In short, Caravan Power is being divorced from Trade Power. It doesn't affect how much you can extract or collect within a given node and instead affects how much you can actually transfer over to another node. Unlike Trade Power, you do not get Caravan Power or Maritime Power directly from province development. Instead, you get Caravan Power from Forts you own in the node, and you get Maritime Power from light ships that are set to Protect Trade (optional: Docks or a similar building in coastal provinces could also provide Maritime Power, and infantry units could be set to Protect Caravans, marching around the node and providing more Caravan Power). Caravan and Maritime Power have the same function, but Caravan Power applies to land transfers and Maritime to sea transfers.

4. You don't need full dominance of a trade node in order to transfer 100% of upstream trade downstream.
You shouldn't have to have complete military dominance of a trade node in order to make all your trade go through, but you do still need a notable percentage. Perhaps 20% will let you transfer 100%, which means every 1% of Caravan / Maritime power you have in a province lets you forward 5% of your extracted trade downstream. Of course, nodes with special features (like the Sound Toll, or the desert caravans south of Morocco) could impose severe penalties on all enemy Caravan or Maritime power in a node if a single nation is able to control key provinces.

5. In order to steer trade through a province, you need either a province with a fort (for by land / Caravan Power) or a coastal province (for by sea / Maritime Power, perhaps with a Docks, though this would require that Docks be unlocked at game start like forts at level 1).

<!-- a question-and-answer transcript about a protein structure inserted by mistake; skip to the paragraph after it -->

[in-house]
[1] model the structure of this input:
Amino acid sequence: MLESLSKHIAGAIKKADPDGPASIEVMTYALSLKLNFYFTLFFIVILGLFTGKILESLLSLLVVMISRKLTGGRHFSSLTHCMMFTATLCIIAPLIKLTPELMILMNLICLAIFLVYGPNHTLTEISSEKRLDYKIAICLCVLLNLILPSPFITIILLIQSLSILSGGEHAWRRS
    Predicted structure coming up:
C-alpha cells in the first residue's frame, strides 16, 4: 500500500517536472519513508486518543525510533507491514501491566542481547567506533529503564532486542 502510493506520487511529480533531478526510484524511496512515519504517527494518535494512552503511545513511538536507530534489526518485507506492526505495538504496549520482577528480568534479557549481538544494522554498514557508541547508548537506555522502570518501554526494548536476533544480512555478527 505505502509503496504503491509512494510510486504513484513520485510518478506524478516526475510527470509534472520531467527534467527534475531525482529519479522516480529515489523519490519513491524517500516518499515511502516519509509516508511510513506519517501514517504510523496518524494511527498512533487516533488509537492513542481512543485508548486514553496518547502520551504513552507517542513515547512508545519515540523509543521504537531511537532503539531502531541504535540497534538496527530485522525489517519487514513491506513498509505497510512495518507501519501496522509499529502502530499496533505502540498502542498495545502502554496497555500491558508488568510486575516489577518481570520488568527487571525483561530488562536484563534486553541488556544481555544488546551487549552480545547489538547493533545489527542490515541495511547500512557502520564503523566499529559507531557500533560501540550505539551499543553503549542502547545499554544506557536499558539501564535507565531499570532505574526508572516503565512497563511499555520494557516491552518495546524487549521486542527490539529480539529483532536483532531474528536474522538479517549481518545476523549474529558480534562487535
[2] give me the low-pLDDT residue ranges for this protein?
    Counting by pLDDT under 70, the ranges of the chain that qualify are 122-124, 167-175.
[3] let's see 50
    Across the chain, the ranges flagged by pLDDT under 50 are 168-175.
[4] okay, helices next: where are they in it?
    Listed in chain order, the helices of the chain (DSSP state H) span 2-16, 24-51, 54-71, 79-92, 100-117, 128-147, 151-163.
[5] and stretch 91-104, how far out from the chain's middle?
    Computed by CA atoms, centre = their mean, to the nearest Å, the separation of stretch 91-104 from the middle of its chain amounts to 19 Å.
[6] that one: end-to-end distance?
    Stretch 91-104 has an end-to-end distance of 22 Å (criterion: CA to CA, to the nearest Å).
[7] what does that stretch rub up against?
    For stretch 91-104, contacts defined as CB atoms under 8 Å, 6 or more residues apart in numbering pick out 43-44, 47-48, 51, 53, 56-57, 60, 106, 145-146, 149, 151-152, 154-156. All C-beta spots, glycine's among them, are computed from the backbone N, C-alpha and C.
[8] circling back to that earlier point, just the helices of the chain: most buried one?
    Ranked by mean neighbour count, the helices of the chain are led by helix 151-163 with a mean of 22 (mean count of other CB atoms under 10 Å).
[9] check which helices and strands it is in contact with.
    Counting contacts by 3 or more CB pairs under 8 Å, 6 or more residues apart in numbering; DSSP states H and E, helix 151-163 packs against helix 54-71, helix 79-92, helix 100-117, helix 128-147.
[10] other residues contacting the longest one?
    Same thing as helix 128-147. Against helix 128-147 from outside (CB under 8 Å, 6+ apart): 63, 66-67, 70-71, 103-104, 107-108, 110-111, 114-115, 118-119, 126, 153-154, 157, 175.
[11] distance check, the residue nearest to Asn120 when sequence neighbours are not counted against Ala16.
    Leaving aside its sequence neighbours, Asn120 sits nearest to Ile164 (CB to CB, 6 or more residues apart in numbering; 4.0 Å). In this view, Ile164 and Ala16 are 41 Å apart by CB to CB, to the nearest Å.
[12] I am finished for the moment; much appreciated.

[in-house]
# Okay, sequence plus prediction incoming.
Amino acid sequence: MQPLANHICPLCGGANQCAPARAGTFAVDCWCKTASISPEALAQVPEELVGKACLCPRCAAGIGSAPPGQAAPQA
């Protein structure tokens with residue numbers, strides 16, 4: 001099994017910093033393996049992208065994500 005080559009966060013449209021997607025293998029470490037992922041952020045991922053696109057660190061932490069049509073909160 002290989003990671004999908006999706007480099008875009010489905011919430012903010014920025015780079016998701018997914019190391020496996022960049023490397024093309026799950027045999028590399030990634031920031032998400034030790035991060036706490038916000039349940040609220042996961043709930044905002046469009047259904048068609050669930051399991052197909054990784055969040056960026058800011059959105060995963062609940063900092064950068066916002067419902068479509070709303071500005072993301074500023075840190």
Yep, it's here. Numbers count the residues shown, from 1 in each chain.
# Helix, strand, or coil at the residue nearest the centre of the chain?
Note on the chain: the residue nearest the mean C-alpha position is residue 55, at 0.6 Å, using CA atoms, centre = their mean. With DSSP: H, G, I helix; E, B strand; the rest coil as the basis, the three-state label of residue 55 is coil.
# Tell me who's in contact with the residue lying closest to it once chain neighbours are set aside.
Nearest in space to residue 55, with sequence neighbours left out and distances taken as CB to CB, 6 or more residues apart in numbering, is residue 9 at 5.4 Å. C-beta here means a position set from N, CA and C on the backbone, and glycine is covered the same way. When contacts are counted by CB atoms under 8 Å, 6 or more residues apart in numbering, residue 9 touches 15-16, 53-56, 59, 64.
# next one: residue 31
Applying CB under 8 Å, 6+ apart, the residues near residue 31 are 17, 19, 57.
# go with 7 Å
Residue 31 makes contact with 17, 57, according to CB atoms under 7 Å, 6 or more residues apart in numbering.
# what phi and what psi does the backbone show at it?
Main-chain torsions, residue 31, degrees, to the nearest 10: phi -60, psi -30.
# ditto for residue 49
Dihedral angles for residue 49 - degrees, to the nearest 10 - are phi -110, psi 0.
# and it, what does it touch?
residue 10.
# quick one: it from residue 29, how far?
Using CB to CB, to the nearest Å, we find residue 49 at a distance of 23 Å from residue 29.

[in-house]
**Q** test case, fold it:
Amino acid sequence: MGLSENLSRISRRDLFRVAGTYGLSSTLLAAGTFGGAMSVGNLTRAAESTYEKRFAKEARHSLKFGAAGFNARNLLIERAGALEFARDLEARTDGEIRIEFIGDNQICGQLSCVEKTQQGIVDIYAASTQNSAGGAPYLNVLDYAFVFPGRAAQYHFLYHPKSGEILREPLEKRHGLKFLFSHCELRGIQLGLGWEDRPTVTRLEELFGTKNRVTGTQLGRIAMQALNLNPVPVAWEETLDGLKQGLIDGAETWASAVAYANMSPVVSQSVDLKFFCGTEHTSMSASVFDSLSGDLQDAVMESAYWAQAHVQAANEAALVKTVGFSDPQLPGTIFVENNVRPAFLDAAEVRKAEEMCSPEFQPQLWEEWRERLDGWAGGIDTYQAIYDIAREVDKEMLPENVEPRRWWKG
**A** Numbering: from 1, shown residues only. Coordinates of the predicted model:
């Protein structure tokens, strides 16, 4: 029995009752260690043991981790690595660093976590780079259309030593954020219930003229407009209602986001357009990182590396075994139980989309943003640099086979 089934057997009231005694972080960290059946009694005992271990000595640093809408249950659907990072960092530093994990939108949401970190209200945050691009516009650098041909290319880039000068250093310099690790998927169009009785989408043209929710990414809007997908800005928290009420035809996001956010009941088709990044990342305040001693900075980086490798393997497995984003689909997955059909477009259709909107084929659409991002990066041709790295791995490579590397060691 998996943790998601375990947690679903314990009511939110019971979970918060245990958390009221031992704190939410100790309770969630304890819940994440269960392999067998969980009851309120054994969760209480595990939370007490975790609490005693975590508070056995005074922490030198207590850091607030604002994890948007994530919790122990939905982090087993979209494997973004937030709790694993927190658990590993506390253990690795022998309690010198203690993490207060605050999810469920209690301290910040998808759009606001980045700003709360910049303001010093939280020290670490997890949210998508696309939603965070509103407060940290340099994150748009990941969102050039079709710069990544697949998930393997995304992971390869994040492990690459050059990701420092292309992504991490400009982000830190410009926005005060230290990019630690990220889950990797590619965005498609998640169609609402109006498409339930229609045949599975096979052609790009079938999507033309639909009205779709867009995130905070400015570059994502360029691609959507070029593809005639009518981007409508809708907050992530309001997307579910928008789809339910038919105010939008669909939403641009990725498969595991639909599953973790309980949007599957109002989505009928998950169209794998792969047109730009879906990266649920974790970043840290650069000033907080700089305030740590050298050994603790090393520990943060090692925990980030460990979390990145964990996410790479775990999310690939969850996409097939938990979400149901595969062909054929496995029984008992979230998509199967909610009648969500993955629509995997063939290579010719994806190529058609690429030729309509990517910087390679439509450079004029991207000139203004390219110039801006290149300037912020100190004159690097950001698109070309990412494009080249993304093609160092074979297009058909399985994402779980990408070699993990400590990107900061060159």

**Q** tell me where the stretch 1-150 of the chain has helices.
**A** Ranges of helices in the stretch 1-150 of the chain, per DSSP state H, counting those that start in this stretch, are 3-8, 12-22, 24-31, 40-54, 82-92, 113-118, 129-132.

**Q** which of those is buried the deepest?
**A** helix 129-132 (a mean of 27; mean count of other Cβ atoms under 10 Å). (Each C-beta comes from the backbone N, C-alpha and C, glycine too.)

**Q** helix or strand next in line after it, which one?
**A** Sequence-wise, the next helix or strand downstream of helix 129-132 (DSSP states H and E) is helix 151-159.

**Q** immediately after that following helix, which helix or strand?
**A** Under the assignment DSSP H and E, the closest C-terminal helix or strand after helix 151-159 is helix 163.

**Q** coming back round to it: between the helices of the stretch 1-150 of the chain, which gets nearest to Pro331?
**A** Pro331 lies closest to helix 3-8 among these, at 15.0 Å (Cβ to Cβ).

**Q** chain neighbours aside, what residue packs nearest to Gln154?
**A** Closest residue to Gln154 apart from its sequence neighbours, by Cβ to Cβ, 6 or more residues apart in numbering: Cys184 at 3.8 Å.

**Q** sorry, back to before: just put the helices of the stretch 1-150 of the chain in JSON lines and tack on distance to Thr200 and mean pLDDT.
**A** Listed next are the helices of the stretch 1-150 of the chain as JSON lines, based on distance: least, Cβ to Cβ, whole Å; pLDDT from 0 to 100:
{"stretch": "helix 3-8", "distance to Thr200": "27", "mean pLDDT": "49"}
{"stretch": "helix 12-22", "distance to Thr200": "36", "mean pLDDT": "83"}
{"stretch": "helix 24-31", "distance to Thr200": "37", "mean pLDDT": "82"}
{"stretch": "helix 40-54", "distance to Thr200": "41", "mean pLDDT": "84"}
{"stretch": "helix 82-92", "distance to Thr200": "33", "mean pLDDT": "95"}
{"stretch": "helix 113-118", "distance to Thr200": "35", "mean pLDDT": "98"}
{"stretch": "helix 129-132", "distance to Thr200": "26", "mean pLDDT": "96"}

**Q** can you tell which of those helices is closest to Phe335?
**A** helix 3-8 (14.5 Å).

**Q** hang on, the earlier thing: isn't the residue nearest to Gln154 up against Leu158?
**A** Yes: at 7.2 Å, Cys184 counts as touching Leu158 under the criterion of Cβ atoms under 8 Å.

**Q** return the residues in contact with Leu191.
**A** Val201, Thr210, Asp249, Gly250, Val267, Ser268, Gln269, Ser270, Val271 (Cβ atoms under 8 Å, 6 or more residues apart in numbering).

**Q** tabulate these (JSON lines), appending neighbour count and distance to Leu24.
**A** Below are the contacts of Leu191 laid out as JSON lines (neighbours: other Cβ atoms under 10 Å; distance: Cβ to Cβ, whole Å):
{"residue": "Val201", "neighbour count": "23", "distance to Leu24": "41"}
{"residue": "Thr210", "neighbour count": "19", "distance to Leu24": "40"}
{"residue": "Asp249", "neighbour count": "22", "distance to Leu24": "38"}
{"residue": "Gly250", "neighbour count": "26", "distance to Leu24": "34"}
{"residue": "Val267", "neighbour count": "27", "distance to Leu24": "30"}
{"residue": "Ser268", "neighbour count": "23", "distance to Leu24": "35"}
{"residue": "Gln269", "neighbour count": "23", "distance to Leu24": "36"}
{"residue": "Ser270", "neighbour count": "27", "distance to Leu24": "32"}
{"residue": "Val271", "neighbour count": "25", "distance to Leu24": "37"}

So you still need a network of ports to get trade from the ultimate source to the final destination. However you don't have to have every single province in the node to guarantee your goods arrive.

6. Alliances, transfer trade power deals, military access, and fleet basing rights affect trade transfer.
The example in #4 assumed you had no or poor relations with all other nations in the node. However, the game should not count allies or those transferring trade power against you when determining how much trade you can forward. Additionally, if you have military access with a nation, then their Caravan Power doesn't count against you, and if you have fleet basing rights with a nation, then their Maritime Power doesn't count against you.

7. Employing Privateers directly captures trade value being transferred in a node by sea, sending that money directly to your coffers.
Effectiveness is reduced against enemies using light ships to protect trade. I'm not especially familiar with the treasure fleet mechanic, so I leave this to others to figure out how to incorporate this.


So what would all this mean?

It means you could establish a long-distance trade route from a node multiple jumps away back to your home collection node without having to dominate every node in between. If you do dominate every node in between, you need to use a lot more merchants to extract all that intermediate trade and keep it flowing.